On Tuesday, October 25, Senate candidates John Fetterman and Mehmet Oz faced off in a televised debate. Fetterman suffered a stroke in May of this year, and Tuesday’s debate put his post-stroke effects on full display.
Politics do not always bring out the best in us. On social media, many were quick to judge Fetterman’s communication deficits with ridicule and mockery. Likewise, the flurry of reaction articles from media sources focused on Fetterman’s “struggles” and “painful” debate performance.
According to the CDC, more than 795,000 people living in the United States will have a stroke per year. Very few of them will have to recover publicly on a national stage. While Fetterman has not released his full medical records, his primary care doctor says that he is recovering well and fit to serve. The public — Lingraphica included — does not know the exact details of his stroke or his recovery beyond what he and his campaign have stated publicly. With these medical details and his public performances, experts and laypersons alike have been drawing their own conclusions about Fetterman’s health.
What kind of stroke did John Fetterman have?
A stroke occurs when blood supply to the brain stops due to a blockage, or when a blood vessel in the brain bursts. Most strokes that occur are the former type, known as ischemic strokes. Based on what the public knows about Fetterman’s stroke, experts believe his stroke was ischemic. Fetterman’s wife quickly recognized his symptoms, and he received fast treatment.
Why does Fetterman appear to have communication deficits?
The brain, like all other bodily organs and tissues, requires consistent oxygen and blood flow. When blood flow is interrupted, it can injure the brain. Factors like where this injury occurs and the length of the interruption will determine a stroke survivor’s deficits.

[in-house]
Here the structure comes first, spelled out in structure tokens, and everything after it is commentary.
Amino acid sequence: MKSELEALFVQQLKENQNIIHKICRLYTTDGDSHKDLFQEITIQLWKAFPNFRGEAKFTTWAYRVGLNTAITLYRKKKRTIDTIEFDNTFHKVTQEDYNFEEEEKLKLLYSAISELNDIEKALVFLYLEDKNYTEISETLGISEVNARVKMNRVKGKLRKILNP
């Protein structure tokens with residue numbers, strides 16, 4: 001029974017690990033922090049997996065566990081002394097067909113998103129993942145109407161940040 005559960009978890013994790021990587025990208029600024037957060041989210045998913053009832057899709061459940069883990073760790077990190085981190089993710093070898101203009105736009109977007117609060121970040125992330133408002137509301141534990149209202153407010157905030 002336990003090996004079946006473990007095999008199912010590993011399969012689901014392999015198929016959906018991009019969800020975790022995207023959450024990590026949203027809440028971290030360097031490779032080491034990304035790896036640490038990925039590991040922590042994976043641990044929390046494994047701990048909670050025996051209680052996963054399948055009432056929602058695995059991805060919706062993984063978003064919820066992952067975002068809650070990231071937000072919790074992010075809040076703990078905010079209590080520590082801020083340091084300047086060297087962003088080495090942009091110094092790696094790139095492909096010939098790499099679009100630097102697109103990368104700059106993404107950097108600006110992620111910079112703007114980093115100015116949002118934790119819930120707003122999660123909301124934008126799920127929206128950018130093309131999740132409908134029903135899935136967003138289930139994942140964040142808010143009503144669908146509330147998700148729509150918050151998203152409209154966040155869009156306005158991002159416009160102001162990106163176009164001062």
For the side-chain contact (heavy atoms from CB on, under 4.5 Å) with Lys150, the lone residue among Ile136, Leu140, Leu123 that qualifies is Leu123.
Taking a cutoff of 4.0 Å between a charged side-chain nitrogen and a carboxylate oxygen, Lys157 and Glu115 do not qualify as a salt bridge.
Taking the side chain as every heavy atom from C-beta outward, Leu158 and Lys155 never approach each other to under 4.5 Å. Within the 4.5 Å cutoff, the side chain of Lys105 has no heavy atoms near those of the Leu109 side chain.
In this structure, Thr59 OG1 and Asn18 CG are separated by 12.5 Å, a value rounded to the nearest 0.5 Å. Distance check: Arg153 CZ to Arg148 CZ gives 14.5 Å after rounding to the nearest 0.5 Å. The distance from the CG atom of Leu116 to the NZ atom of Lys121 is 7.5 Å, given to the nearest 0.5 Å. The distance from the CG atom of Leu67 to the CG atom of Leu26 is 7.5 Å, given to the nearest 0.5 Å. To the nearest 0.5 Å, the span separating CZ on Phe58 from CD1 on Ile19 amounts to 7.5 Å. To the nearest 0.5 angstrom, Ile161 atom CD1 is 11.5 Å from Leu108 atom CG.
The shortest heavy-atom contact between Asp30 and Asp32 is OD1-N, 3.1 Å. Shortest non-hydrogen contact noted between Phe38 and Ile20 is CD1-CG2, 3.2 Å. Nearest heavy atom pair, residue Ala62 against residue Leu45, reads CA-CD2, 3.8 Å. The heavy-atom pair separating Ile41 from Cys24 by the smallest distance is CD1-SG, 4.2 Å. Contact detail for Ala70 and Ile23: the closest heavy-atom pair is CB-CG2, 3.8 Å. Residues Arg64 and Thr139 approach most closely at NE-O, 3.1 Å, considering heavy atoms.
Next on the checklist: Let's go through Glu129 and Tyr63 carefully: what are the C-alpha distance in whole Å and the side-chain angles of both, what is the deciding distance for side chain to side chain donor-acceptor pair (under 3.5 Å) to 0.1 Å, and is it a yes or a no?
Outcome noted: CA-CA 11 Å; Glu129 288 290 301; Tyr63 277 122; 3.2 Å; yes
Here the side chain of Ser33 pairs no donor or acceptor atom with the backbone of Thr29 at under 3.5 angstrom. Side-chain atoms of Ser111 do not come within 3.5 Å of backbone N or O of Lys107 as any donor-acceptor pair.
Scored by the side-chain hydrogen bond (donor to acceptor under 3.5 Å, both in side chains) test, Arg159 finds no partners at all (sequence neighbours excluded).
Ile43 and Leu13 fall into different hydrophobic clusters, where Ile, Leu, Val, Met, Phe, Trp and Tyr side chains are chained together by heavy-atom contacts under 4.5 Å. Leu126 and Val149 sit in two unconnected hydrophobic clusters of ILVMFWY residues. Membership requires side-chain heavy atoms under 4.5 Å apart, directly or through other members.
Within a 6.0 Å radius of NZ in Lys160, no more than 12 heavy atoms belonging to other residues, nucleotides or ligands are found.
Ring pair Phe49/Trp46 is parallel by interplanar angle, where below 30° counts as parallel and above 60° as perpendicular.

In Fetterman’s case, his campaign and doctor have publicly stated that his primary deficit is an auditory processing issue. More broadly, these types of deficits are bundled within a larger category called aphasia.
Does aphasia imply lack of intelligence?
Aphasia is a disorder that affects how one communicates. It can affect how one speaks, reads, writes, and comprehends. Aphasia is a language disorder — not a cognitive disorder. A person’s aphasia has no bearing on their intelligence.
It does, however, affect how people perceive the intelligence of a person with aphasia. No one earnestly questions the ability to hold office of those who rely on wheelchairs, hearing aids, or guide canes. It is estimated that up to 65% of Americans benefit from the use of some sort of assistive technology in the workplace. Oz’s campaign and others mocked the “concessions” he was willing to make for Fetterman, including assistive technology such as closed captioning. In this instance, Oz has painted the use of such technology as a generous compromise. Where language is concerned, people are unfortunately quick to pass judgment.
People with disabilities are the largest minority group in the world. It is a group that anyone can find themselves a part of at any time. For many, Fetterman’s public recovery is an opportunity to celebrate. Likewise, it is a moment to see how much work we have left to do.